Synopsis

Capturing Droplets by the Neck

Physics 5, s102
The universal shape of necking liquids as they form drops has been measured experimentally.
J. R. Castrejón-Pita et al., Phys. Rev. Lett. (2012)

The only truly universal characteristic of drippy faucets may be that they keep people awake at night, but as reported in Physical Review E, experimentalists have confirmed a prediction that the conical shape of a liquid jet just before a droplet breaks off from it always has the same angle.

In 1996, John Lister and colleagues at the University of Cambridge, UK, simulated the shape of a pendant drop of low-viscosity liquid over time. No matter what shape they started with, the thread of liquid suspending the drop would eventually neck into a cone with an internal angle of 36.2 degrees. The shape of the neck was self-similar, meaning it would look the same if observed at many different magnifications.

Teaming up with Lister, Jose Castrejón-Pita and his group, also at Cambridge, equipped a microscope with a high-speed camera to study the rapidly changing shape of liquid thread suspending a liquid drop as it approached the breakoff point. With 2 microsecond exposures spaced between 2 and 20 microseconds apart, the camera imaged both ethanol and water slowly emerging from a 5 mm nozzle and captured the shape of the neck right before and after the droplet fell. The angle they measured, 36.0±0.8 degrees, was the same regardless of if the neck was suspending the droplet or if it formed as a thread of liquid separated into multiple droplets.

Castrejón-Pita et al.’s experiments provide a check on the numerical simulations that describe droplet formation, a phenomenon with an important industrial application in inkjet printers. – Jessica Thomas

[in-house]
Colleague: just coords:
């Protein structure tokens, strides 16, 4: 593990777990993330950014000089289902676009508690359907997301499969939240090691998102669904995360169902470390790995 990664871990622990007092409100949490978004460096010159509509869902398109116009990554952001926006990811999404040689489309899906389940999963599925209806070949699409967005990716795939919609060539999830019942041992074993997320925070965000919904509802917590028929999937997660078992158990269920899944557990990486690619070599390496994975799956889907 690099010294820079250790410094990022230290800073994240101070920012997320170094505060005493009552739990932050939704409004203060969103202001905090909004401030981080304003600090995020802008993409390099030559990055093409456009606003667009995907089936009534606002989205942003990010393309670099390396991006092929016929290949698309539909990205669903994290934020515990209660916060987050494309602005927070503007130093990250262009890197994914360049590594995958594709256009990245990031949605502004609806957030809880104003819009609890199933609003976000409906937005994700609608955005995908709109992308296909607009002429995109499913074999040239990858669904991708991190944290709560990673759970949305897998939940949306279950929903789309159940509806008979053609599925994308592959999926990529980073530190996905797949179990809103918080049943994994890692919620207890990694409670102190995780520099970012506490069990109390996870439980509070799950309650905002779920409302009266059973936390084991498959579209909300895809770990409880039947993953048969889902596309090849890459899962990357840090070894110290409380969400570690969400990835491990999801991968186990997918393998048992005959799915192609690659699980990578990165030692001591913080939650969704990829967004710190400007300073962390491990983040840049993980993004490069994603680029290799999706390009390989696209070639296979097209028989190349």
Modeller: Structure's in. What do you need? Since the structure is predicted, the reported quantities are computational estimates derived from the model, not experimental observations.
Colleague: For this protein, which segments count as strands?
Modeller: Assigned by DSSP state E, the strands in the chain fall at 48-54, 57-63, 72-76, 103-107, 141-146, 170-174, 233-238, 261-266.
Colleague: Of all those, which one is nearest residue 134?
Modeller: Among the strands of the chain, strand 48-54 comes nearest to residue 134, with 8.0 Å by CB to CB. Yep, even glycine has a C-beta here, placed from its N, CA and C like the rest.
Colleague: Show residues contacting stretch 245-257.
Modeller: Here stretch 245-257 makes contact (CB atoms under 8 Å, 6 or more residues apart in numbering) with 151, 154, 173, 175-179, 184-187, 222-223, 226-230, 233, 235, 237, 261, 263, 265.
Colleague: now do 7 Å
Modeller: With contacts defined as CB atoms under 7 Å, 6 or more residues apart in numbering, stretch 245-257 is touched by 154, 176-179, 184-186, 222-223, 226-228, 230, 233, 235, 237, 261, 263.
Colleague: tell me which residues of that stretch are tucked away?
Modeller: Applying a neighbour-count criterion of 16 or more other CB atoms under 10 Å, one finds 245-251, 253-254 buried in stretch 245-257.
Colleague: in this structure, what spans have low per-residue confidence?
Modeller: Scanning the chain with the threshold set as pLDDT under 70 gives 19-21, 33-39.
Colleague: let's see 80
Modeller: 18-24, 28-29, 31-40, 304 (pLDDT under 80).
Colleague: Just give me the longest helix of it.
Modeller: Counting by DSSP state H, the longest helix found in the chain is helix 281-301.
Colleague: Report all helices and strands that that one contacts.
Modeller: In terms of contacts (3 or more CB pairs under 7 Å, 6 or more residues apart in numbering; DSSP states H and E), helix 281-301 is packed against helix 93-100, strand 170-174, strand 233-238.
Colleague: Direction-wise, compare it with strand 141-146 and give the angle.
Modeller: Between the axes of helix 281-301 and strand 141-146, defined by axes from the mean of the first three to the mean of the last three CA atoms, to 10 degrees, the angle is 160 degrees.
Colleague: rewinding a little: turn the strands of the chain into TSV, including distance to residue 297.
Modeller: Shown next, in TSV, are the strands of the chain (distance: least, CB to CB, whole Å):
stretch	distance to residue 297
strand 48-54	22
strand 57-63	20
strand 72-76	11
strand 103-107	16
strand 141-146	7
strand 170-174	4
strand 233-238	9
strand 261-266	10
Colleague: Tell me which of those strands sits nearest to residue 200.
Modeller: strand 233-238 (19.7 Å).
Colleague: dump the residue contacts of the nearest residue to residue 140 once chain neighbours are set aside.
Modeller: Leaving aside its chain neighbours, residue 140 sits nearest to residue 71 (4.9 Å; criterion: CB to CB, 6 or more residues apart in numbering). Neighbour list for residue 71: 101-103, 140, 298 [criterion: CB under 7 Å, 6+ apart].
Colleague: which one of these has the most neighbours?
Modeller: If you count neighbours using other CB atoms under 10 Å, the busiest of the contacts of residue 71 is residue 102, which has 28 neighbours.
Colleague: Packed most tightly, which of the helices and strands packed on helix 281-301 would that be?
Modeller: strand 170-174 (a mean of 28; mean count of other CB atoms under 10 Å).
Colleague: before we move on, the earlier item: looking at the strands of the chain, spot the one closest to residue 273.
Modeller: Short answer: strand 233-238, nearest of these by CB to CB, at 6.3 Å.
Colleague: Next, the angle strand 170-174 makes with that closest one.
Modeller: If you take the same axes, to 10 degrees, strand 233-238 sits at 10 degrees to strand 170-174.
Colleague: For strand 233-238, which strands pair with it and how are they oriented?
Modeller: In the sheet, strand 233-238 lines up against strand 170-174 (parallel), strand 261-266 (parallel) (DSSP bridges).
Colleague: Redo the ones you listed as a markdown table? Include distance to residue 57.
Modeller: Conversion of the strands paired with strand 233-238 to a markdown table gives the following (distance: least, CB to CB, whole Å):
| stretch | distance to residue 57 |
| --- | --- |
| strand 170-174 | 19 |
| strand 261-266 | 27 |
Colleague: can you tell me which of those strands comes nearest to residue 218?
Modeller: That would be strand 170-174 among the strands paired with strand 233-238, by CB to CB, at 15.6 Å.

Subject Areas

Nonlinear DynamicsFluid Dynamics

Related Articles

The Microscopic Dynamics of Biomolecular Condensates
Fluid Dynamics

The Microscopic Dynamics of Biomolecular Condensates

A physical description of the trajectories of single molecules suggests a new way to study a biologically important subcellular environment. Read More »

How an Active Liquid Wets a Surface
Fluid Dynamics

How an Active Liquid Wets a Surface

The conditions that make liquid stick to a permeable membrane could elucidate how bacteria form films, and help researchers design tiny swimming robots. Read More »

Altering Airflows and Stopping Drops
Fluid Dynamics

Altering Airflows and Stopping Drops

Two new studies provide insights into the efficacy of masks under different usage conditions, results that could help improve strategies for lowering transmission of COVID-19. Read More »

More Articles